Baltimore Sun: “It’s one of the first such internationally coordinated promotions of its kind and an effort by Ahold to use its formidable buying power to increase its profit margins and market share, analysts said… ‘That creates a massive promotion for the product and significantly increased volume, and therefore we are in a position to offer local customers a real best buy,’ said Jan Hol, a spokesman for Royal Ahold in the Netherlands. ‘We are really leveraging our international scale.’” Bloomberg Businessweek: “Peapod negotiates for produce with local markets but is able to leverage Royal Ahold’s purchasing power to demand low prices. By tailoring models to the market, the company says it will achieve operating profitability in all of its markets by year-end.” Baltimore Sun: “Ahold envisions reining in costs by consolidating functions such as information systems, distribution and buying. By sharing costs on increased volumes of private-label products, the companies could undercut competitors by offering lower prices to restaurant customers or grocery consumers, said Hans Gobes, a spokesman for Royal Ahold in the Netherlands.”So, to answer the question at the top of this post: Fair for whom? In the case of Fair Trade, Ahold would say fair for the farmers and farmworkers who have been squeezed within an inch of their lives by unfair market forces. But in the case of the Campaign for Fair Food, Ahold would say fair for Ahold, fair by the rules of the unfettered market, where volume purchasing is all in the game, a perfectly legitimate business strategy, to hell with the poverty and abuse it may create.
Speaking of which… Not everyone is as confused as Ahold.It just so happens that Pope Francis, speaking about the horriffic factory building collapse in Bangladesh that has taken the lives of well over 400 garment workers at last count, has some pretty strong feelings himself on the subject of the unconscionable poverty at the end of multi-national supply chains. Here are his words, from a private mass earlier this week:
A headline that really struck me on the day of the tragedy in Bangladesh was ‘Living on 38 euros a month’. That is what the people who died were being paid. This is called slave labour,” the pope was quoted as saying at a private mass.”Today in the world this slavery is being committed against something beautiful that God has given us — the capacity to create, to work, to have dignity. How many brothers and sisters find themselves in this situation!” he said.”Not paying fairly, not giving a job because you are only looking at balance sheets, only looking at how to make a profit. That goes against God!” read more >>Pope Francis’ words are as powerful as any in recent memory from the Vatican on labor, and they are refreshingly frank. Ahold can be a socially responsible company that takes real, effective measures to mitigate the damage caused by its purchasing practices, or it can be a company that leverages its buying power to undercut the competition and maximize profit by cutting costs. But it can’t be both.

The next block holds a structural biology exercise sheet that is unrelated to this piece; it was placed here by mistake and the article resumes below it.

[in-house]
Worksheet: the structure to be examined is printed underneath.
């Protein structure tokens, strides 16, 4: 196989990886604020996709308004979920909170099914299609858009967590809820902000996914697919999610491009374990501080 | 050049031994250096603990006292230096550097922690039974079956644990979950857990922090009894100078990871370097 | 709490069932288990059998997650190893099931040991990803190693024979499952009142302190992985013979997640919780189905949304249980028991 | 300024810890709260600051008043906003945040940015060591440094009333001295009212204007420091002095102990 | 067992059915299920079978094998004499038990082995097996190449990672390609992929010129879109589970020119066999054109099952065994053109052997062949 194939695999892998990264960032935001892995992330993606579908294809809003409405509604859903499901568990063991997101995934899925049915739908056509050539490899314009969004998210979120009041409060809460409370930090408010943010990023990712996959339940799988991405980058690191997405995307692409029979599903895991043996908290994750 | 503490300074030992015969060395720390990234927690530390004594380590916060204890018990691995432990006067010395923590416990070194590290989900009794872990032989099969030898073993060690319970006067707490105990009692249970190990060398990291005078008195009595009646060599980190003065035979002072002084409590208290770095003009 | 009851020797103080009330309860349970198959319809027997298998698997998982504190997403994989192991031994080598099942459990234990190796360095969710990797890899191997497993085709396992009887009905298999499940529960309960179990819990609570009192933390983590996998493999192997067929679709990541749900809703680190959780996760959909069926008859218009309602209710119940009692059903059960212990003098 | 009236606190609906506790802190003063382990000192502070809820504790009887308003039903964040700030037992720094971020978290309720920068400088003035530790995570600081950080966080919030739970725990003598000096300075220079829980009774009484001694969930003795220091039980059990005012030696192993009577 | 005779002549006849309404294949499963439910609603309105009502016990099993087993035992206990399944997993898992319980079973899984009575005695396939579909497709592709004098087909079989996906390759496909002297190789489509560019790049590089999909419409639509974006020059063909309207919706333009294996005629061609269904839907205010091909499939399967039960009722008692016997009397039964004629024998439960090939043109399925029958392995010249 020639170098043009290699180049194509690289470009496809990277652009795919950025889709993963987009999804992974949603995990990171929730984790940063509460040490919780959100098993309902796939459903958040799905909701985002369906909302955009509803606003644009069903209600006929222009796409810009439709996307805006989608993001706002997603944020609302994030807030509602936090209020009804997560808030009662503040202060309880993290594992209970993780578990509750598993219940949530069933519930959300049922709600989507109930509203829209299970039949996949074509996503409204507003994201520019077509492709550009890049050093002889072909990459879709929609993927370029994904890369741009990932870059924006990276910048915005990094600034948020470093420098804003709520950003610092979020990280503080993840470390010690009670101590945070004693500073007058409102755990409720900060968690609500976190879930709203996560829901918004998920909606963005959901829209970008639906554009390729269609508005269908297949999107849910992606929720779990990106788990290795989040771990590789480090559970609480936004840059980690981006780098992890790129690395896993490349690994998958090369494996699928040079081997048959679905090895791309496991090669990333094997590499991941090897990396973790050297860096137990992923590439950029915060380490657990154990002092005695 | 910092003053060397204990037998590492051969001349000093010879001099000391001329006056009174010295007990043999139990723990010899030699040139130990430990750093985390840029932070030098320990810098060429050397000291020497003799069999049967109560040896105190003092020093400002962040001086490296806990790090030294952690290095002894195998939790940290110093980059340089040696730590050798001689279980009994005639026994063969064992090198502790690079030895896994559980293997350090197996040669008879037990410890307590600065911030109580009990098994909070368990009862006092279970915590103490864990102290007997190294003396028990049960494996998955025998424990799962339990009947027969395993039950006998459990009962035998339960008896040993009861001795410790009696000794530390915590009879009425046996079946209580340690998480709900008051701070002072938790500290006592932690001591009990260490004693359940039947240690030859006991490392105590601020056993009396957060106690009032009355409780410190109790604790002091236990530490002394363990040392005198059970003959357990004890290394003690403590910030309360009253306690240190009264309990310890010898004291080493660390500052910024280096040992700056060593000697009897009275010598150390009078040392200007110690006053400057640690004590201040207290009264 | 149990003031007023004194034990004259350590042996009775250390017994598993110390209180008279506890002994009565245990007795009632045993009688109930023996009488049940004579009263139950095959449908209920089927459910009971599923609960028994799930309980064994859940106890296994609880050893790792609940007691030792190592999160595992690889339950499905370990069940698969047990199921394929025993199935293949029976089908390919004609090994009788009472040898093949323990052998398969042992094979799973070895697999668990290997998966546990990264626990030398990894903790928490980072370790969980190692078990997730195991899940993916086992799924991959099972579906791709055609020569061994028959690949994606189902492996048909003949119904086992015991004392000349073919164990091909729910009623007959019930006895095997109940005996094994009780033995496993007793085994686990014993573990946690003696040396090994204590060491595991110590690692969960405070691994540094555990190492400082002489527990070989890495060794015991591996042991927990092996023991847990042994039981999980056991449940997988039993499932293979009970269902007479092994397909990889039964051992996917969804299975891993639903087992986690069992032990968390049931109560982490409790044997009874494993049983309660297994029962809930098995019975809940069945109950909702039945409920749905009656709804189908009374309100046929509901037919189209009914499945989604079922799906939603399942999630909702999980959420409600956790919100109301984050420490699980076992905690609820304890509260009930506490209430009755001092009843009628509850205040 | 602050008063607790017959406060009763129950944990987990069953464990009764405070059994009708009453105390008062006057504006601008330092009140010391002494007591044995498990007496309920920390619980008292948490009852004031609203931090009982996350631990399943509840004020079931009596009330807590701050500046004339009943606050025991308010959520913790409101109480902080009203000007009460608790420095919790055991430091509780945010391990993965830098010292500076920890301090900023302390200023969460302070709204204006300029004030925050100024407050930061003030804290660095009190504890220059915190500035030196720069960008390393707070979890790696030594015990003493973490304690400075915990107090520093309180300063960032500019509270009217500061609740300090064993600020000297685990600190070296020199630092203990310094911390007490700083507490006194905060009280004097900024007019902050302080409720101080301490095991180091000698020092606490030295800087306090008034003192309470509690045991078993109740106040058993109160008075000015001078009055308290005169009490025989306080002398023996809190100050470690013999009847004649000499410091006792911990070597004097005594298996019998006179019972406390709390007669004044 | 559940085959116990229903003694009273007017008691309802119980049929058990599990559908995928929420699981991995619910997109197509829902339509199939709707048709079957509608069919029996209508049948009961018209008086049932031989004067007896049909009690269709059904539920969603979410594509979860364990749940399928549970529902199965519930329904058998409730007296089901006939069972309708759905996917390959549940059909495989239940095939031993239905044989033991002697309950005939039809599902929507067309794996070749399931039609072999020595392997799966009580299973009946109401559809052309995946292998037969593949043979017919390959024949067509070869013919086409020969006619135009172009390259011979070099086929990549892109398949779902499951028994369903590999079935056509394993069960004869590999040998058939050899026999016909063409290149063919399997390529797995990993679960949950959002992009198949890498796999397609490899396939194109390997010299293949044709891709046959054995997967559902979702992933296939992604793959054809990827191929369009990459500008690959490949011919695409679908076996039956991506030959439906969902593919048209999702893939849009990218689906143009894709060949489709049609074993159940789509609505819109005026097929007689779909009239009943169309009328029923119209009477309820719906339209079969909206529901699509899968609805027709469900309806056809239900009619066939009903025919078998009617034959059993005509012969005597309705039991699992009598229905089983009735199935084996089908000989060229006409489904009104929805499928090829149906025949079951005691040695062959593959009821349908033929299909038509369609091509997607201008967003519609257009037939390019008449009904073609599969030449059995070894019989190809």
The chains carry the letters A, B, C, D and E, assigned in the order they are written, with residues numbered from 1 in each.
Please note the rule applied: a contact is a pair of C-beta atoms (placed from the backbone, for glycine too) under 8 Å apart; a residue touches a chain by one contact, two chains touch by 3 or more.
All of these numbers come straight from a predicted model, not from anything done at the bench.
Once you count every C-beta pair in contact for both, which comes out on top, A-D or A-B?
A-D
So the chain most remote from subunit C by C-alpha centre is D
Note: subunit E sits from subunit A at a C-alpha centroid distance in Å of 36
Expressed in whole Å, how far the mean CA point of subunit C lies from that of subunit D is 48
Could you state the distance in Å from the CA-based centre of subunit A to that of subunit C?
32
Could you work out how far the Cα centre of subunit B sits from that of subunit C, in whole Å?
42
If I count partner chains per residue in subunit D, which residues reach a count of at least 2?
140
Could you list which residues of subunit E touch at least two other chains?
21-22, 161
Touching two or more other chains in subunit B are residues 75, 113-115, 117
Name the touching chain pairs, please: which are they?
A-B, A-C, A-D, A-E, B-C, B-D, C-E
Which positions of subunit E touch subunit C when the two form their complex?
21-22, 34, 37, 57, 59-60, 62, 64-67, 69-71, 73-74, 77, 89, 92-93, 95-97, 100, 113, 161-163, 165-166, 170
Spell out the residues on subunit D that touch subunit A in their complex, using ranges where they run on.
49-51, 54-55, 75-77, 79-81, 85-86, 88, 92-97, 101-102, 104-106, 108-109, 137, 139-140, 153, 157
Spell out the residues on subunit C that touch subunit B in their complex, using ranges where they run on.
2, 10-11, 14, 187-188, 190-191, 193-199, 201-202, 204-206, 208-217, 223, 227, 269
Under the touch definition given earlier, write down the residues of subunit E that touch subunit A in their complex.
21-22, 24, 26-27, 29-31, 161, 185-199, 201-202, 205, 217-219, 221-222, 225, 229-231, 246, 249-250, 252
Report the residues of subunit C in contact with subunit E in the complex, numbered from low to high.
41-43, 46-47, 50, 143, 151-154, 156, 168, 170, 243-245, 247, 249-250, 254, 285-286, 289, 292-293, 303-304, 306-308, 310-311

A market price can’t be called “fair” when that price condemns workers to a life of poverty wages and abusive, dangerous working conditions. Poverty, sexual harassment, forced labor — those are human rights violations that no buyer of goods produced in those conditions can ignore. Rather, it is incumbent on companies like Ahold that buy products in exploitative conditions to know about those conditions and to help fix them. And that is especially true when a respected, established, successful program like the Fair Food Program is already hard at work addressing the problems and needs the buyers’ help to finish the job. We’ll close today with the words of another authority on the question, this time the United Nations, birthplace of the Universal Declaration of Human Rights in 1948, in the wake of World War Two and its attendant horrors. Today, the United Nations Office of the High Commissioner on Human Rights continues the work of education and vigilance necessary to protect those rights, and in the realm of the marketplace, its Guiding Principles on Business and Human Rights provide unambiguous counsel for corporations seeking the proper path:
The Corporate Responsibility to Respect Human RightsFoundational PrinciplesBusiness enterprises should respect human rights. This means that they should avoid infringing on the human rights of others and should address adverse human rights impacts with which they are involved…Addressing adverse human rights impacts requires taking adequate measures for their prevention, mitigation and, where appropriate, remediation. read more >>
We will return to the Guiding Principles again soon, with exciting news from last week’s visit to Immokalee from the UN Working Group on Business and Human Rights. Until then, there remains one installment to go in this particular series, on the question: Can corporations be trusted to unilaterally investigate, and to determine any appropriate corrective action, when their suppliers violate their workers’ human rights.Check back soon…